Next, we’ll look at Ezekiel’s prophecy of return from exile in ch. 36-37. He plainly has the prophecy of the circumcision of the heart in mind when he speaks of the return from exile:
(Ezekiel 36:24-28) I will take you from the nations and gather you from all the countries and bring you into your own land. I will sprinkle clean water on you, and you shall be clean from all your uncleannesses, and from all your idols I will cleanse you. And I will give you a new heart, and a new spirit I will put within you. And I will remove the heart of stone from your flesh and give you a heart of flesh. And I will put my Spirit within you, and cause you to walk in my statutes and be careful to obey my rules. You shall dwell in the land that I gave to your fathers, and you shall be my people, and I will be your God.
He envisions the coming to pass of all the blessings of Sinai:
(Ezekiel 36:29-30) And I will deliver you from all your uncleannesses. And I will summon the grain and make it abundant and lay no famine upon you. I will make the fruit of the tree and the increase of the field abundant, that you may never again suffer the disgrace of famine among the nations.
And he interprets this as a restoration of Eden:
(Ezekiel 36:35) And they will say, ‘This land that was desolate has become like the garden of Eden, and the waste and desolate and ruined cities are now fortified and inhabited.’
Now, we move to the famous prophecy of Ezekiel 37. We’ve already established that Moses’ language of death and life is close to Ezekiel’s heart. We’ve established that Ezekiel associates the return from exile with the blessings of Sinai and the eschatological restoration of Eden. This helps us understand why Ezekiel paints the return from exile as a resurrection:
(Ezekiel 37:1-3) The hand of the Lord was upon me, and he brought me out in the Spirit of the Lord and set me down in the middle of the valley; it was full of bones. And he led me around among them, and behold, there were very many on the surface of the valley, and behold, they were very dry. And he said to me, “Son of man, can these bones live?” And I answered, “O Lord GOD, you know.”
The language of “bones living” is carefully chosen. We’ve seen that Israel is “dead” in exile because of disobedience, as Deuteronomy 27-30 mandated. But we also know that Moses painted Israel’s return from exile as a choosing of “life.” Thus:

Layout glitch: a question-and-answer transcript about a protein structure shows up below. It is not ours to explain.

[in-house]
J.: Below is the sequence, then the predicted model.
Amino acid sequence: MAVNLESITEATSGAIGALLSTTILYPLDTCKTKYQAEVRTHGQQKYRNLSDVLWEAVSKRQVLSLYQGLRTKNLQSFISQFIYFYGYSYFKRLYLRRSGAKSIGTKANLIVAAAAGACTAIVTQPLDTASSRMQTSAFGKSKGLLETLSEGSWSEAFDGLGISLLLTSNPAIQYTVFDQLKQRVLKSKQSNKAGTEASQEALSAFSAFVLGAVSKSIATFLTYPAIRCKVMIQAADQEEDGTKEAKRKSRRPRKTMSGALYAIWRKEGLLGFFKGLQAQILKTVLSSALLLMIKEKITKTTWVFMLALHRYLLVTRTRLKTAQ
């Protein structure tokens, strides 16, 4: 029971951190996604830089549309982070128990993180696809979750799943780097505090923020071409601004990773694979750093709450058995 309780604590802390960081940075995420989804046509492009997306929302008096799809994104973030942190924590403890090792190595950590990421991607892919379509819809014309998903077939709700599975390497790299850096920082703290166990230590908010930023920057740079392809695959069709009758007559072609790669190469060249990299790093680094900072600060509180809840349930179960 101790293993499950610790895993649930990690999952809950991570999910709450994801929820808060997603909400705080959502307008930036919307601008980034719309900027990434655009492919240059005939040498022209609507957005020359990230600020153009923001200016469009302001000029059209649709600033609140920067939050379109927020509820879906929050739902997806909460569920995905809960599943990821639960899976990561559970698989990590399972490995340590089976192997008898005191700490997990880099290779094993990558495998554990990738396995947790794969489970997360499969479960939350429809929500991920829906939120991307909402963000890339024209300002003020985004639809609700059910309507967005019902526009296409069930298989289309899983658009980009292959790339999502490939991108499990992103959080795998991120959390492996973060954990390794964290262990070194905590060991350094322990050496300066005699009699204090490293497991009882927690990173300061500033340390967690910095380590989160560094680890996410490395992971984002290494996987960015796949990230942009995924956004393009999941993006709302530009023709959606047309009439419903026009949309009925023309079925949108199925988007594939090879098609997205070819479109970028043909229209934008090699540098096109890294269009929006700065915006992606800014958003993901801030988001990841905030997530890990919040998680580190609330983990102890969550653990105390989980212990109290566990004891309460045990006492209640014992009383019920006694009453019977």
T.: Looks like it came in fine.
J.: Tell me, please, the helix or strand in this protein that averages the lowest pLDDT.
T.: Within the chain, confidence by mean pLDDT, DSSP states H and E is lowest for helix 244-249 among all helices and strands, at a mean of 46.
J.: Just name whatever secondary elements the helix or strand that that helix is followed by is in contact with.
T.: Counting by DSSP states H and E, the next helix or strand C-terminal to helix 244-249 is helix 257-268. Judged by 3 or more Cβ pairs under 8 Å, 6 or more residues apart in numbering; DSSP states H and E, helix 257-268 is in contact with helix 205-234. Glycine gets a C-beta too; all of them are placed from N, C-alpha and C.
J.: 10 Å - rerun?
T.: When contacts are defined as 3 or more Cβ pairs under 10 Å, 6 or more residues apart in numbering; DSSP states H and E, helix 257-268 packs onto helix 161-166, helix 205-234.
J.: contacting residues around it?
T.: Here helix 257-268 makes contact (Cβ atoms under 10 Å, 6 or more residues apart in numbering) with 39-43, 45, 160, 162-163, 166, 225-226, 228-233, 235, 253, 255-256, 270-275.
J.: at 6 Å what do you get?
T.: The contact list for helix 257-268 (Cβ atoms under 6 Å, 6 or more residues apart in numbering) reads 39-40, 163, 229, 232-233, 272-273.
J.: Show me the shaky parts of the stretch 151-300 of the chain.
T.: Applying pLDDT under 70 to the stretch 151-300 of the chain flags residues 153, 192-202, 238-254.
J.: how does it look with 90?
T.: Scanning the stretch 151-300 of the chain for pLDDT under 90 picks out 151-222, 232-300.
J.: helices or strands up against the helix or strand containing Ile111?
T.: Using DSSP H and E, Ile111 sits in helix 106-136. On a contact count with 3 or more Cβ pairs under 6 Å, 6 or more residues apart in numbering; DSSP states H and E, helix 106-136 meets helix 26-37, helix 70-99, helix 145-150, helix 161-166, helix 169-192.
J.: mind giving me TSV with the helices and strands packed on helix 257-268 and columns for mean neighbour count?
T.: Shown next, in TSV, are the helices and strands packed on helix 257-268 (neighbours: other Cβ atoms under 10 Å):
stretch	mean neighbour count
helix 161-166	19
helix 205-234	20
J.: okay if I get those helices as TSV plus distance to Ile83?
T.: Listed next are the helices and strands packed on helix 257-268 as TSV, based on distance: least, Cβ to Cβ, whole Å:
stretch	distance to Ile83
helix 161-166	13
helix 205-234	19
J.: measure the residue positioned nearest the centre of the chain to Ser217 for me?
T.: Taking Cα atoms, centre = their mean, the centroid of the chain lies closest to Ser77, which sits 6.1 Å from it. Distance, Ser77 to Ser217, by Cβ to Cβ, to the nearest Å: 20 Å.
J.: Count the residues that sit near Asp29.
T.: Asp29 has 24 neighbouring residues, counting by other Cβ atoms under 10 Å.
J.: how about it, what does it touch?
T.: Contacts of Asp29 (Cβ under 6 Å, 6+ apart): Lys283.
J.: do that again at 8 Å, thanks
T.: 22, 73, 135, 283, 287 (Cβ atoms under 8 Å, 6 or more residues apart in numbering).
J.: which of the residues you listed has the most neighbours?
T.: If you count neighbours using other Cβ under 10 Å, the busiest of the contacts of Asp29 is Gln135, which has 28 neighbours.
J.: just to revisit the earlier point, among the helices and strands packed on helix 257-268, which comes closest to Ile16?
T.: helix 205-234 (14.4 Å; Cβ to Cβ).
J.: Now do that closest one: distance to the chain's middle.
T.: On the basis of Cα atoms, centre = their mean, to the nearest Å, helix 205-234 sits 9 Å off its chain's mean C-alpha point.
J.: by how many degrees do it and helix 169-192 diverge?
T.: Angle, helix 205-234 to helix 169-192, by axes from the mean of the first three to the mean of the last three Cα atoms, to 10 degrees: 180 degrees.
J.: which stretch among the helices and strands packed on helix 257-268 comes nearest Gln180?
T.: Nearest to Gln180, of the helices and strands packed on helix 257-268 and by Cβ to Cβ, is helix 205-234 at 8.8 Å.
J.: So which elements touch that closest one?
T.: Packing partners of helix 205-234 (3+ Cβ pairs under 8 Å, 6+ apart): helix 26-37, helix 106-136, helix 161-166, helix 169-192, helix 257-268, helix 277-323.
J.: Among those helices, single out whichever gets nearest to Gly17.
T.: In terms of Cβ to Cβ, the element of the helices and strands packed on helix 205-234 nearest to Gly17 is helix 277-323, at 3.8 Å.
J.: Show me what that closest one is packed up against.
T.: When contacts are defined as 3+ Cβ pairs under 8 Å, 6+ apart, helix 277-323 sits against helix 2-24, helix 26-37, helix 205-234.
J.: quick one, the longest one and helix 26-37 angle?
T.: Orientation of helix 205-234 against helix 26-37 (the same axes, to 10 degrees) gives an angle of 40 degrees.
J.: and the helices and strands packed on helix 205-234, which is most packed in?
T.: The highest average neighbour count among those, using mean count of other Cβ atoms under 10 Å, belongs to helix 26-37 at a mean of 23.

(Ezekiel 37:4-14) Then he said to me, “Prophesy over these bones, and say to them, O dry bones, hear the word of the Lord. Thus says the Lord GOD to these bones: Behold, I will cause breath to enter you, and you shall live. And I will lay sinews upon you, and will cause flesh to come upon you, and cover you with skin, and put breath in you, and you shall live, and you shall know that I am the Lord.” So I prophesied as I was commanded. And as I prophesied, there was a sound, and behold, a rattling, and the bones came together, bone to its bone. And I looked, and behold, there were sinews on them, and flesh had come upon them, and skin had covered them. But there was no breath in them. Then he said to me, “Prophesy to the breath; prophesy, son of man, and say to the breath, Thus says the Lord GOD: Come from the four winds, O breath, and breathe on these slain, that they may live.” So I prophesied as he commanded me, and the breath came into them, and they lived and stood on their feet, an exceedingly great army. Then he said to me, “Son of man, these bones are the whole house of Israel. Behold, they say, ‘Our bones are dried up, and our hope is lost; we are clean cut off.’ Therefore prophesy, and say to them, Thus says the Lord GOD: Behold, I will open your graves and raise you from your graves, O my people. And I will bring you into the land of Israel. And you shall know that I am the Lord, when I open your graves, and raise you from your graves, O my people. And I will put my Spirit within you, and you shall live, and I will place you in your own land. Then you shall know that I am the Lord; I have spoken, and I will do it, declares the Lord.”
The house of Israel is “raised from the dead.” This isn’t a metaphor chosen randomly and without purpose. It is based on the language of life and death that begins in Torah. It is based on the theme of return from exile as a return to Eden. And it therefore provides the backdrop for the New Testament understanding of Israel’s Messiah. Jesus the Messiah is the faithful one, totally faithful to God’s commandments for Israel. Thus, as Habbakuk said: “the righteous one shall live by faith.” Messiah was utterly faithful, and thus found life in a resurrection. Israel’s election is thus concentrated in Him, and all who embody His faithfulness find life in Him. The climax of the return from exile is in the new heavens and the new earth, where the whole creation returns to Eden and those in the Messiah are raised in glorified bodies.
Thus we find, yet again, that the Old Testament is “Jesus-shaped.” Jesus’ identity as the Messiah of Israel is not found in scattered “prophetic passages” across the Old Testament text. Rather, it is found in the fact that Israel’s story is coming to a climax, and there are innumerable threads waiting to be tied together. Jesus ties them together in a way that is elegant, leaves very few loose ends, and solves great mysteries of God’s purposes for Israel and through Israel for the world that are found in the Hebrew Bible. Maranatha!